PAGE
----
For a disenchanted visitor to Stonehenge in the south of England, the iconic array of 4,000-year-old pillars may have signified little more than a pile of rocks. But a new discovery that Stonehenge was actually the heart of a huge complex of ancient burial mounds and shrines could win over even the most cynical observer.
Researchers at the University of Birmingham have found a host of previously unknown monuments, including ritual structures and a massive timber building that was likely used for burial of the dead during a complicated sequence of exposure and de-fleshing.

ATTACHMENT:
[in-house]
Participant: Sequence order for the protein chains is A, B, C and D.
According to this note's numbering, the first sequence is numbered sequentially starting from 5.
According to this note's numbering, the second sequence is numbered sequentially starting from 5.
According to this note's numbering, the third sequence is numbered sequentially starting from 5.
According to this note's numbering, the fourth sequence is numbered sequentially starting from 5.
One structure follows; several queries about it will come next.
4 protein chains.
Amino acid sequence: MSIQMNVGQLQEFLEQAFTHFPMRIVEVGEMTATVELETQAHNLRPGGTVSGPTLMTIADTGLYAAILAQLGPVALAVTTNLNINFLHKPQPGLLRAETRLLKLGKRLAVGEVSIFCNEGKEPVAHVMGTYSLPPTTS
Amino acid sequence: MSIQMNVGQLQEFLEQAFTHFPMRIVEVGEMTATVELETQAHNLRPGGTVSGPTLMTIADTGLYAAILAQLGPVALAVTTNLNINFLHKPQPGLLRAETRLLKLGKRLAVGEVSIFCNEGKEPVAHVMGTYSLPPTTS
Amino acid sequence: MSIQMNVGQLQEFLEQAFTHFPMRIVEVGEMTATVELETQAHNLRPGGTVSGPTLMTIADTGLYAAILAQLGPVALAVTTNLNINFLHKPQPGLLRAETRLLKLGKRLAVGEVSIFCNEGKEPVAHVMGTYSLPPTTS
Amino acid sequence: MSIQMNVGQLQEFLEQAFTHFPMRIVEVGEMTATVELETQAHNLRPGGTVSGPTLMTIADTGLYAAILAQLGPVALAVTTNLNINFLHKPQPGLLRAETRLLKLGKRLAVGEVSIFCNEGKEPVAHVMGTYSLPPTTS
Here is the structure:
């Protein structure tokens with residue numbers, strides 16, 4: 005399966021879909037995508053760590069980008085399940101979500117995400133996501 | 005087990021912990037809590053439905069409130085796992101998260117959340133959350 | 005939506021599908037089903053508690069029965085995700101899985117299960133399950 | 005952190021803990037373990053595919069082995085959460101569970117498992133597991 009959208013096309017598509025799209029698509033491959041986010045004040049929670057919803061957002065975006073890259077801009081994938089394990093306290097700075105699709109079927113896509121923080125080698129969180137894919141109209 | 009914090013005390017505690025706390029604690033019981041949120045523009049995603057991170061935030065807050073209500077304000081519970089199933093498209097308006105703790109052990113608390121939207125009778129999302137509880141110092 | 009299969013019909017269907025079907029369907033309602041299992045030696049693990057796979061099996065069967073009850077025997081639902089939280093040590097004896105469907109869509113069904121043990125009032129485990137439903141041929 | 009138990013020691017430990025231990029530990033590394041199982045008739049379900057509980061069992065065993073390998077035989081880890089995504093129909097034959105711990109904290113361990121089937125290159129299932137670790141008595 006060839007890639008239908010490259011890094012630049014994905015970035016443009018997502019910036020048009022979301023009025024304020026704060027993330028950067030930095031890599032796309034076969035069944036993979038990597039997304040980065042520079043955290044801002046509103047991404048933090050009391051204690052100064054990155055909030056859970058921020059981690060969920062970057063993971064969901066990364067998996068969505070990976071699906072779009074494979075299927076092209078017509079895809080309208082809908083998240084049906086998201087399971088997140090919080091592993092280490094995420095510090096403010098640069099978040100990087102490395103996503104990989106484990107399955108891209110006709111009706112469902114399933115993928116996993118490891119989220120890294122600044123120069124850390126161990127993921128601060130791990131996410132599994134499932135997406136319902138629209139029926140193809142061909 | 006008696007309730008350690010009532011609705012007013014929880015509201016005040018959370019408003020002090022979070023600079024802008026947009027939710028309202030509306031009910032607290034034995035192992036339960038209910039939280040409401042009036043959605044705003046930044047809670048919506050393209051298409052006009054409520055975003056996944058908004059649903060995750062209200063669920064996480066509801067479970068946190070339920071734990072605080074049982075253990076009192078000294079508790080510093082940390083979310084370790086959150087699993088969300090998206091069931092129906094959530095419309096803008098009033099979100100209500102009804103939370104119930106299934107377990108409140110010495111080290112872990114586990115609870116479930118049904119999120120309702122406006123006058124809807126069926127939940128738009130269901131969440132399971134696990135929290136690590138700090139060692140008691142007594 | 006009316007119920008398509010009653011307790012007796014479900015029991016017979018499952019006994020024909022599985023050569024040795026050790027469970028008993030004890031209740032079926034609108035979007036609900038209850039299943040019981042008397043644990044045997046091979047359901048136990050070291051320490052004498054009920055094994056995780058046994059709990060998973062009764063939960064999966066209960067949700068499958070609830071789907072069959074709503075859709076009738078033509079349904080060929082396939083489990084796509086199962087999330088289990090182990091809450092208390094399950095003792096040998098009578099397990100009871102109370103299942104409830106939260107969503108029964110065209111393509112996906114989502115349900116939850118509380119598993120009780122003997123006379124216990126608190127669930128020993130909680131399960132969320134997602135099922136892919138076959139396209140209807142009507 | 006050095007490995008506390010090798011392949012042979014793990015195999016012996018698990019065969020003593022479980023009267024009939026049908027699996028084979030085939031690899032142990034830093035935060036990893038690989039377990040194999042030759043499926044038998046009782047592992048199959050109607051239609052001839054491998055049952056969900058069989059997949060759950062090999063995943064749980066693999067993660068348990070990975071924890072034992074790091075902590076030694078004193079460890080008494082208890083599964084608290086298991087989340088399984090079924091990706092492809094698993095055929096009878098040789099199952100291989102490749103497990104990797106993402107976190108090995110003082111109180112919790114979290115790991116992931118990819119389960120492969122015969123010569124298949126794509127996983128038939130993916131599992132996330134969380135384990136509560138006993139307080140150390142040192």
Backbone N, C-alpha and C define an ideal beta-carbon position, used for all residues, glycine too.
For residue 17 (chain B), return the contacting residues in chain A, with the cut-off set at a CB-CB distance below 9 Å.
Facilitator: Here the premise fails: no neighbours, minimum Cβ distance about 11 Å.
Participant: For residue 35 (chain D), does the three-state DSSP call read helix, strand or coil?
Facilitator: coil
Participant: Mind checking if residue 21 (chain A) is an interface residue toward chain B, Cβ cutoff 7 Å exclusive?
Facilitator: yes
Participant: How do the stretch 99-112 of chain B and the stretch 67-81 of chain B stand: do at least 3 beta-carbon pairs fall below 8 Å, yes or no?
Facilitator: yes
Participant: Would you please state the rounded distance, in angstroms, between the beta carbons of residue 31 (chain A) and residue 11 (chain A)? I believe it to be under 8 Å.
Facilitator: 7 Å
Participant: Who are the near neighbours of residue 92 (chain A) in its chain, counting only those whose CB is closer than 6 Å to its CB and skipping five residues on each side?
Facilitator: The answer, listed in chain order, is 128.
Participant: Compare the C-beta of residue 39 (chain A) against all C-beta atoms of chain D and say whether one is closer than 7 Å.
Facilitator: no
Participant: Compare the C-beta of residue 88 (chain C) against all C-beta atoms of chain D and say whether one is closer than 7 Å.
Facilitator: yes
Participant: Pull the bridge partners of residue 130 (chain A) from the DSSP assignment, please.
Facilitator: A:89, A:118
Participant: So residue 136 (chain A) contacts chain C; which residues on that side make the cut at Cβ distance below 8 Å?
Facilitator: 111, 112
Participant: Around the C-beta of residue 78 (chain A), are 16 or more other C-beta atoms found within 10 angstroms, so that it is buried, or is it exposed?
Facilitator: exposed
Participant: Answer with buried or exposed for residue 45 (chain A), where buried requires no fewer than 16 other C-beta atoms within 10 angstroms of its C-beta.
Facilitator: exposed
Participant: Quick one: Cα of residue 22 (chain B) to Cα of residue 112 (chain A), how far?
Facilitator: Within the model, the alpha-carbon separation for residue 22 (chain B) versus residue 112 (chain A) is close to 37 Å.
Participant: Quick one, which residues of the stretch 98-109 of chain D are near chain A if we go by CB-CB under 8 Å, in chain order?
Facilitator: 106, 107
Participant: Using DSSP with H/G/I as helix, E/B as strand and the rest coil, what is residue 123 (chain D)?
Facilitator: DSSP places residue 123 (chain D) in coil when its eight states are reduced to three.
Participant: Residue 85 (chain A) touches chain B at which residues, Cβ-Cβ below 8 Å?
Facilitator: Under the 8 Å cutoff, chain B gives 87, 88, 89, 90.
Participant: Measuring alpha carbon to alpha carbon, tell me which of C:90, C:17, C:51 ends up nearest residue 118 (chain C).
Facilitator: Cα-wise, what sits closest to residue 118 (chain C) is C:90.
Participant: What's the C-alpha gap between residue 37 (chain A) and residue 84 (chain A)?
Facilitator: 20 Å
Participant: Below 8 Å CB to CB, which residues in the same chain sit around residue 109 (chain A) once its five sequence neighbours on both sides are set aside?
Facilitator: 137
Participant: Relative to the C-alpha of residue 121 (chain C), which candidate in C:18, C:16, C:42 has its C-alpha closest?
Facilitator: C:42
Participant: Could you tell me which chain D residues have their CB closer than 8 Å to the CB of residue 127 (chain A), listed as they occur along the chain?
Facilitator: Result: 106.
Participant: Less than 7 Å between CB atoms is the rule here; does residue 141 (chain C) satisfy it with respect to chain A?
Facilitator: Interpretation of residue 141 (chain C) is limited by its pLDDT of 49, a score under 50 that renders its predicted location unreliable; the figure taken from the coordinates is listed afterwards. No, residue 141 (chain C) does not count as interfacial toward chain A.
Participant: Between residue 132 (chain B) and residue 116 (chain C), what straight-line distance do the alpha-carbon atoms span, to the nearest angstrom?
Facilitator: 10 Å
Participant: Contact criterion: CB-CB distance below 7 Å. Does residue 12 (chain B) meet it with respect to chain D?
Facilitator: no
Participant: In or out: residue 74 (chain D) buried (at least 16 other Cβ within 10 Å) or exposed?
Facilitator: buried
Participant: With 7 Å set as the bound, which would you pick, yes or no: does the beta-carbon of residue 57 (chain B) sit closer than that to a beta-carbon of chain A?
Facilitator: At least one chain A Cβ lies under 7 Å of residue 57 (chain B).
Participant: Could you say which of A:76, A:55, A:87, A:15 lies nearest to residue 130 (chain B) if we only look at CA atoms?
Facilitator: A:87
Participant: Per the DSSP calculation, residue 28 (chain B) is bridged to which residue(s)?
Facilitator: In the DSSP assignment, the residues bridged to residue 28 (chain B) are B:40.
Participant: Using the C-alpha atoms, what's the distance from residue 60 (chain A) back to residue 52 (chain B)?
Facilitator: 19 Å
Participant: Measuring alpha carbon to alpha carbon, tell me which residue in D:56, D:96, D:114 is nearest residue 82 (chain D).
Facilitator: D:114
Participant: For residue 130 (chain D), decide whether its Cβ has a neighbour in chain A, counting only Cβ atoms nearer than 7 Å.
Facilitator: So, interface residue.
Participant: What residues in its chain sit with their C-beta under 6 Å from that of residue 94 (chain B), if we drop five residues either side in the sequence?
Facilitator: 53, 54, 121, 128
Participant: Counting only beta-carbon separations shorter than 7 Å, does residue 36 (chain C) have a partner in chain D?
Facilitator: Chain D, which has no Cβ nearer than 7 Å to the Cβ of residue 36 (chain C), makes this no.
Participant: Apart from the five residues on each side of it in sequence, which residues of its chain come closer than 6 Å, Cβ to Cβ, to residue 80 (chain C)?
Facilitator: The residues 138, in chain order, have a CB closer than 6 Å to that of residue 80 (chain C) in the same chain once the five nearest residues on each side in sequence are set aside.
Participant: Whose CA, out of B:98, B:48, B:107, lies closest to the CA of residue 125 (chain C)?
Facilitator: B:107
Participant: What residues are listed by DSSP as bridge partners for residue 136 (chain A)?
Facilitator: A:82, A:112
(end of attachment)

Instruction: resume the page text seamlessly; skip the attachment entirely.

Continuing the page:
“New monuments have been revealed, as well as new types of monument that have previously never been seen by archaeologists,” Professor Vincent Gaffney, the project leader, said in a statement Wednesday. “Stonehenge may never be the same again.”
The project, which made use of remote sensing techniques and geophysical surveys, discovered large prehistoric pits, some of…
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